Common Swifts, the World’s Fastest Migratory Bird, Are Even Faster Than Scientists Have Realized

Swifty speedsters are really fast!

Swifty speedsters are really fast!
Picture: Davide D’Amico

Under ideal conditions, common swifts can cover more than 500 miles a day for more than a week, report scientists. It seems an unimaginable feat for such a tiny bird, but raptors have adopted a clever strategy that enables these epic migrations.

Like a migratory bird, common fast (Apus apus) are aptly named. These highly mobile creatures spend more than 80% of their lives in the air when they do not breed, and much of this time is spent migrating from northern Scandinavia to their winter destinations in West and Central Africa.

For these long-distance migrations, scientists previously estimated an average speeds of 310 miles per day (500 km / day), but new explored published in iScience updated this figure to 354 miles (570 km / day). More impressively – not that this isn’t impressive enough – the new study shows that rapids can travel fafaster and faster than previously thought. Fastest, swifts can cover more than 500 miles (830 km) per day for ninedaily stretching. The new journal was written by Susanne Akesson and Giuseppe Bianco of the Center for Animal Movement at Lund University in Sweden.

Very decisive look.

Very decisive look.
Picture: Aron Hejdström, CAnMove

The researchers used miniature geolocators to track 45 adult common swifts during migrations in 2010, 2012 and 2014 (the devices weighed less than 3% of the birds ’body mass, so as not to slow them down). Of these, 24 were recaptured later; swifts almost always return to their specific breeding grounds, making it possible to recover their trackers after a single migration season. Akesson and Bianco managed to recover 20 rapids who recorded their movements for a full year, including fall and spring migrations.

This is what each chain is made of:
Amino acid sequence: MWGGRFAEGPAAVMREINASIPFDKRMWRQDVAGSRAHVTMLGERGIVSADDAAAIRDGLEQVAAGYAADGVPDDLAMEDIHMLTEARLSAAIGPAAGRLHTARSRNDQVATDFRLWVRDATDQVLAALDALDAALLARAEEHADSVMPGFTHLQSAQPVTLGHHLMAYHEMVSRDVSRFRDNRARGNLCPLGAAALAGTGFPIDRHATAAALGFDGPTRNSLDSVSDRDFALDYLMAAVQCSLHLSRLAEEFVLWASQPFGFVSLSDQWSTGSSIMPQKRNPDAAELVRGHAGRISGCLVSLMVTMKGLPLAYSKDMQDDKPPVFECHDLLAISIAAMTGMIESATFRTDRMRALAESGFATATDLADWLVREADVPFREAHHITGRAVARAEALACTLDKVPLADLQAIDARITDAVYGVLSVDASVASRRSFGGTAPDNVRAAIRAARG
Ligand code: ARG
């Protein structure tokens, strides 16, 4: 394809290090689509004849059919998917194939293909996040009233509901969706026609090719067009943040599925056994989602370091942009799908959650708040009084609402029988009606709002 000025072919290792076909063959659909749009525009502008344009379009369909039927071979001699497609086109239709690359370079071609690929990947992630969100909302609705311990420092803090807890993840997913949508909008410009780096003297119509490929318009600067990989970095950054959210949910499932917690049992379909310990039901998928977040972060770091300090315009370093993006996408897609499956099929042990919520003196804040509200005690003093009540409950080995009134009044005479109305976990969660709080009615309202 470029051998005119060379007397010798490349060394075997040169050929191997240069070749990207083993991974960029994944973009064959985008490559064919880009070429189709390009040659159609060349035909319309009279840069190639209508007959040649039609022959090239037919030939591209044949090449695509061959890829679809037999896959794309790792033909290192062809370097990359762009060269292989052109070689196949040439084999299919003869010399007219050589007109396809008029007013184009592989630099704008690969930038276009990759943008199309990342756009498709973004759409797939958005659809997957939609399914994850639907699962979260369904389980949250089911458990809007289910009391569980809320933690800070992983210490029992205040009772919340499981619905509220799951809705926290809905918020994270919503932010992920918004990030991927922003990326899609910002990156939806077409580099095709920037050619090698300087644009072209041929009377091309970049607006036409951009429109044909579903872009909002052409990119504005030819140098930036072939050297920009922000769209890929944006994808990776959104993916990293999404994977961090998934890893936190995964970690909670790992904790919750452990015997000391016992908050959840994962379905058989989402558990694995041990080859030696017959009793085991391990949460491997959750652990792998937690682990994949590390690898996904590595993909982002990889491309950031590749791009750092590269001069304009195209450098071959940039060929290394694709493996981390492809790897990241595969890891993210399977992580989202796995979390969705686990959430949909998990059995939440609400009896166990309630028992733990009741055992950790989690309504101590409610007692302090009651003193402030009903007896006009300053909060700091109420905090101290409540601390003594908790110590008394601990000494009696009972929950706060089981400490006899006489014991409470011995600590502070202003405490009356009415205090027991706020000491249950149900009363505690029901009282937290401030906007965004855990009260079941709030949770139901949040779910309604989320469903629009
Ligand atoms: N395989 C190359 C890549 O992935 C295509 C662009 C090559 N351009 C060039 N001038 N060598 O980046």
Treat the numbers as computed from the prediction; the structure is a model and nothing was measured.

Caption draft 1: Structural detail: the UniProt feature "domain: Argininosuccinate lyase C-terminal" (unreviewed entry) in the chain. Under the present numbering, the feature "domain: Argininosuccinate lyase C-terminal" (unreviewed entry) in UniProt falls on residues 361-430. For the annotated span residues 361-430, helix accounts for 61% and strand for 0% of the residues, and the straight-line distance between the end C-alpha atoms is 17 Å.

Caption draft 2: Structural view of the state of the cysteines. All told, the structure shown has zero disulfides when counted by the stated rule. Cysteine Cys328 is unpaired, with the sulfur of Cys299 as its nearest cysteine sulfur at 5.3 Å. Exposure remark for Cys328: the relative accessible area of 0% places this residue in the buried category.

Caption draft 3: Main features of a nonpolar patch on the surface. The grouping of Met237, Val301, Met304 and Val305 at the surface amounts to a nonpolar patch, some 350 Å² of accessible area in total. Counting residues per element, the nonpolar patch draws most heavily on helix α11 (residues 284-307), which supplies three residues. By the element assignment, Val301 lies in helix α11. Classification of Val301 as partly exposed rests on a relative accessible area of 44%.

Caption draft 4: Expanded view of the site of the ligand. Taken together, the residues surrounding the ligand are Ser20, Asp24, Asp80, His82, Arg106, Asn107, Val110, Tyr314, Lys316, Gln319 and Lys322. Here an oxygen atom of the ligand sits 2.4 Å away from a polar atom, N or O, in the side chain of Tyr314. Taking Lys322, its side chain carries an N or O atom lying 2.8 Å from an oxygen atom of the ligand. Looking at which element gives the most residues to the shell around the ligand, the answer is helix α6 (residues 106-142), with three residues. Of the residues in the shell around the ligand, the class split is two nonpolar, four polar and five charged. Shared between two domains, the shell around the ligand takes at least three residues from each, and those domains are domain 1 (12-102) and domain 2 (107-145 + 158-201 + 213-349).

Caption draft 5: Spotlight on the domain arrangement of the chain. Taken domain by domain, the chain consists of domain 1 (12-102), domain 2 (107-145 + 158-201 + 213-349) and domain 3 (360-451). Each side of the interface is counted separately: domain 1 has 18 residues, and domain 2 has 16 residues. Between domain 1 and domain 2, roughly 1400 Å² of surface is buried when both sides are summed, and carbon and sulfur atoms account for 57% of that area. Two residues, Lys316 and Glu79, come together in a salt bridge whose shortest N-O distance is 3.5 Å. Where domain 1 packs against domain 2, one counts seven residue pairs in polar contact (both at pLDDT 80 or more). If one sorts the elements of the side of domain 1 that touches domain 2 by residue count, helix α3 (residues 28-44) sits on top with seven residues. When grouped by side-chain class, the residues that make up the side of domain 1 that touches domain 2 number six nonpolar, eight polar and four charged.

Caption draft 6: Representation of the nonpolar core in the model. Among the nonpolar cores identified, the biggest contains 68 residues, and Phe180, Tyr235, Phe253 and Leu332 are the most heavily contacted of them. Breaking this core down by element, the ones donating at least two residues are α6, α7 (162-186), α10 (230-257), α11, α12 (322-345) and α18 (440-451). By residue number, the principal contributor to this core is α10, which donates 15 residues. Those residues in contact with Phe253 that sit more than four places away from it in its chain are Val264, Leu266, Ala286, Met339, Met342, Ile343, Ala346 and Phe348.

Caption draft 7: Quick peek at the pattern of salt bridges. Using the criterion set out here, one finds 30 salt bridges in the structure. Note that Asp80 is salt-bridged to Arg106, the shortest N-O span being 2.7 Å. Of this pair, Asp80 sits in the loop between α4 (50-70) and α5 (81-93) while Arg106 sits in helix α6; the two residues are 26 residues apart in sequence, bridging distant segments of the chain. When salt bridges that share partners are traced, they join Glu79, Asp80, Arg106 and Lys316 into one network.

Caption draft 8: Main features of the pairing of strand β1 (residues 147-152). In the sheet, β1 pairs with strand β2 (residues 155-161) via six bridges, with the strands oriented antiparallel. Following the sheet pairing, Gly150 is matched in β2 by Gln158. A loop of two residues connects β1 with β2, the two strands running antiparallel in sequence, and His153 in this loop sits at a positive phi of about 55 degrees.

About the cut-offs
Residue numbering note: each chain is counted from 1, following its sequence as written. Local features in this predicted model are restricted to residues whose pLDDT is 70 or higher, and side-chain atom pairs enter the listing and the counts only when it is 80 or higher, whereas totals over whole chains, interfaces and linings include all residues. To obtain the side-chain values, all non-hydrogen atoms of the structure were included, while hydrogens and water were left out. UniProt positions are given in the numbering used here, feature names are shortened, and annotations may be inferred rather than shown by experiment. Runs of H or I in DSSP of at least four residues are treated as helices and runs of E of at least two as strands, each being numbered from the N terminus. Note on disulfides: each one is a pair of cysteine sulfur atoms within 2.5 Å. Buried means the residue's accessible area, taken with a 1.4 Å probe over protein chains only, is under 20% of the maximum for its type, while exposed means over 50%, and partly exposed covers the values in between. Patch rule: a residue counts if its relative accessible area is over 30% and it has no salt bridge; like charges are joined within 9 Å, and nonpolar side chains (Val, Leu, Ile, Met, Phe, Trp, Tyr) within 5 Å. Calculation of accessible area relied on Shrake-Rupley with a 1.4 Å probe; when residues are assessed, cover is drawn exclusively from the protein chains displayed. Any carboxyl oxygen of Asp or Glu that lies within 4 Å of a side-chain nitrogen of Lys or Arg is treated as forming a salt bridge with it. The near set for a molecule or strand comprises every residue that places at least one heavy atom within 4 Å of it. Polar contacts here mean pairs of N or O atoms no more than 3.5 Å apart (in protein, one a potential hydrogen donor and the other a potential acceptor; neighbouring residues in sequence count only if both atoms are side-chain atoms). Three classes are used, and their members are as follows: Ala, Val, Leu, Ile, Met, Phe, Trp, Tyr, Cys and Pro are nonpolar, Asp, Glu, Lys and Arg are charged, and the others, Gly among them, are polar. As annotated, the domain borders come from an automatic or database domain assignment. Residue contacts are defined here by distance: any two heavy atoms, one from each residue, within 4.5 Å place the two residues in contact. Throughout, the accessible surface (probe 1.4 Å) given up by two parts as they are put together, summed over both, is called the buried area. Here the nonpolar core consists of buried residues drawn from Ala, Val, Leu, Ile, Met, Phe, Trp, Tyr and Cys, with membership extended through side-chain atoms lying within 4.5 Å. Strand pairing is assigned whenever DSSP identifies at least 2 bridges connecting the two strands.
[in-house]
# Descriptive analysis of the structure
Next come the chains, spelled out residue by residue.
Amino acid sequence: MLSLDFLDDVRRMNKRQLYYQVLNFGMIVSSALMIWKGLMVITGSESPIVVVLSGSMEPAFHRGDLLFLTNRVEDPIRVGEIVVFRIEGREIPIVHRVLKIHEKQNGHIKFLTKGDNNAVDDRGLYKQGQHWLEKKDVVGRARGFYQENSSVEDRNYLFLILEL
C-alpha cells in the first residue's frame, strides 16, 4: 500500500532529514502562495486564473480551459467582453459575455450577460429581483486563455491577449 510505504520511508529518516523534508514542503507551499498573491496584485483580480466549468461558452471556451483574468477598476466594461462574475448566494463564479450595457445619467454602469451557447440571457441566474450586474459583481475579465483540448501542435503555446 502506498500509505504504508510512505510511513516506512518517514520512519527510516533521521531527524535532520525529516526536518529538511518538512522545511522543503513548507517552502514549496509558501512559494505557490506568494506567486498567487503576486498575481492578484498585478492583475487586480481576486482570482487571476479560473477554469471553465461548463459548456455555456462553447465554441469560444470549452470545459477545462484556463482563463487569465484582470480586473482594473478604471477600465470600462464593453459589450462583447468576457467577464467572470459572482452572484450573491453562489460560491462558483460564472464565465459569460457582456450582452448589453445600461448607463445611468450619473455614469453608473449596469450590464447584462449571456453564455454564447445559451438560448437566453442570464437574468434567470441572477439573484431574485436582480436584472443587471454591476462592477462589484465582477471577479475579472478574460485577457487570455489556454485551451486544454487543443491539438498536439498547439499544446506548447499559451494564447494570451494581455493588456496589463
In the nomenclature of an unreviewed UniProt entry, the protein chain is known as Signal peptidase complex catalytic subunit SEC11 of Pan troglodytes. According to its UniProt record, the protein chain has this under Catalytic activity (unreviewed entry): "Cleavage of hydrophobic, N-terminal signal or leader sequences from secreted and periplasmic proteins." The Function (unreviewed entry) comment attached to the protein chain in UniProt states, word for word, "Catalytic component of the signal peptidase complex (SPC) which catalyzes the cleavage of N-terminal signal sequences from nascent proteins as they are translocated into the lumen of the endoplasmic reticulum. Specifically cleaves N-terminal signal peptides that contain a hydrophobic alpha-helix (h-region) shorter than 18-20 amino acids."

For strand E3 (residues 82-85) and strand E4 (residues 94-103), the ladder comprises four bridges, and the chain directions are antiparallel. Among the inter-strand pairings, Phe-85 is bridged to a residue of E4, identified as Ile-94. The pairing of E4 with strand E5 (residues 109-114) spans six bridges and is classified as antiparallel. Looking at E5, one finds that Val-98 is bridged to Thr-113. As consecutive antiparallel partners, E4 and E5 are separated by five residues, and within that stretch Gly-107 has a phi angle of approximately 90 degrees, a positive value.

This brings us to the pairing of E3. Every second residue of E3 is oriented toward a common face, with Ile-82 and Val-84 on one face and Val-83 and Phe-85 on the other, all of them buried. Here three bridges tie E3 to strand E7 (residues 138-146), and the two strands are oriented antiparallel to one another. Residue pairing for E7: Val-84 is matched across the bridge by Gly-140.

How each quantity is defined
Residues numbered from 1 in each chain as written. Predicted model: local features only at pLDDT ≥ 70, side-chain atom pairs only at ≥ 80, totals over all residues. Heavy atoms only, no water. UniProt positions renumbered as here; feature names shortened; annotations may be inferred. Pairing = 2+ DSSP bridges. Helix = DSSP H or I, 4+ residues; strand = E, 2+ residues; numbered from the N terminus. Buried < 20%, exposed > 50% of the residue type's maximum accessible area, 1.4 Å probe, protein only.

As the data showed, “common swifts breeding in the northernmost part of European territory” covered an average of about 9,900 km (6,150 miles) during the autumn migration and about 7,900 km (4,900 miles) in the spring, “surpassing those recorded for populations in the south. and central Sweden, ”according to the study.

Tracked trails taken by swamps in the fall and spring.

Tracked trails taken by swamps in the fall and spring.
Graphic: S. Akesson et al., 2021 / iScience

The rapids use a combined strategy to achieve these record trips, “including high burning speed at a stop, fly-and-forage during migration, and selective use of tail winds,” the scientists write. By eating snacks along the way, the speedsters can reduce the “high energy cost of flight,” according to the study.

As noted, the birds also take advantage of winds. Somehow, they know when the winds will be the most favorable. Scientists are not entirely sure how they can do this, but they suspect it is a reaction to changing air pressure caused by passing weather systems. Regardless, the winds give the rapids a 20% boost during the spring compared to the fall. The winds are the biggest help during the transition from the Sahara and the Mediterranean Sea. Interestingly, the winds may explain why the previous speed ratings for the speed bumps were too low.

Swifts may be the fastest migrants, but other birds are equally impressive long-distance travelers.. Last year, scientists reported during a record flight by a rod-tailed star (Lapland slime). This bird flew continuously for 11 days, covering 7,987 miles (12,854 km) of Alaska to New Zealand. Scientists suspect that rod-tailed gods have a special metabolism that enables this, along with ability without sleeping for a long time.

More: A record bird recently flew continuously from Alaska to New Zealand.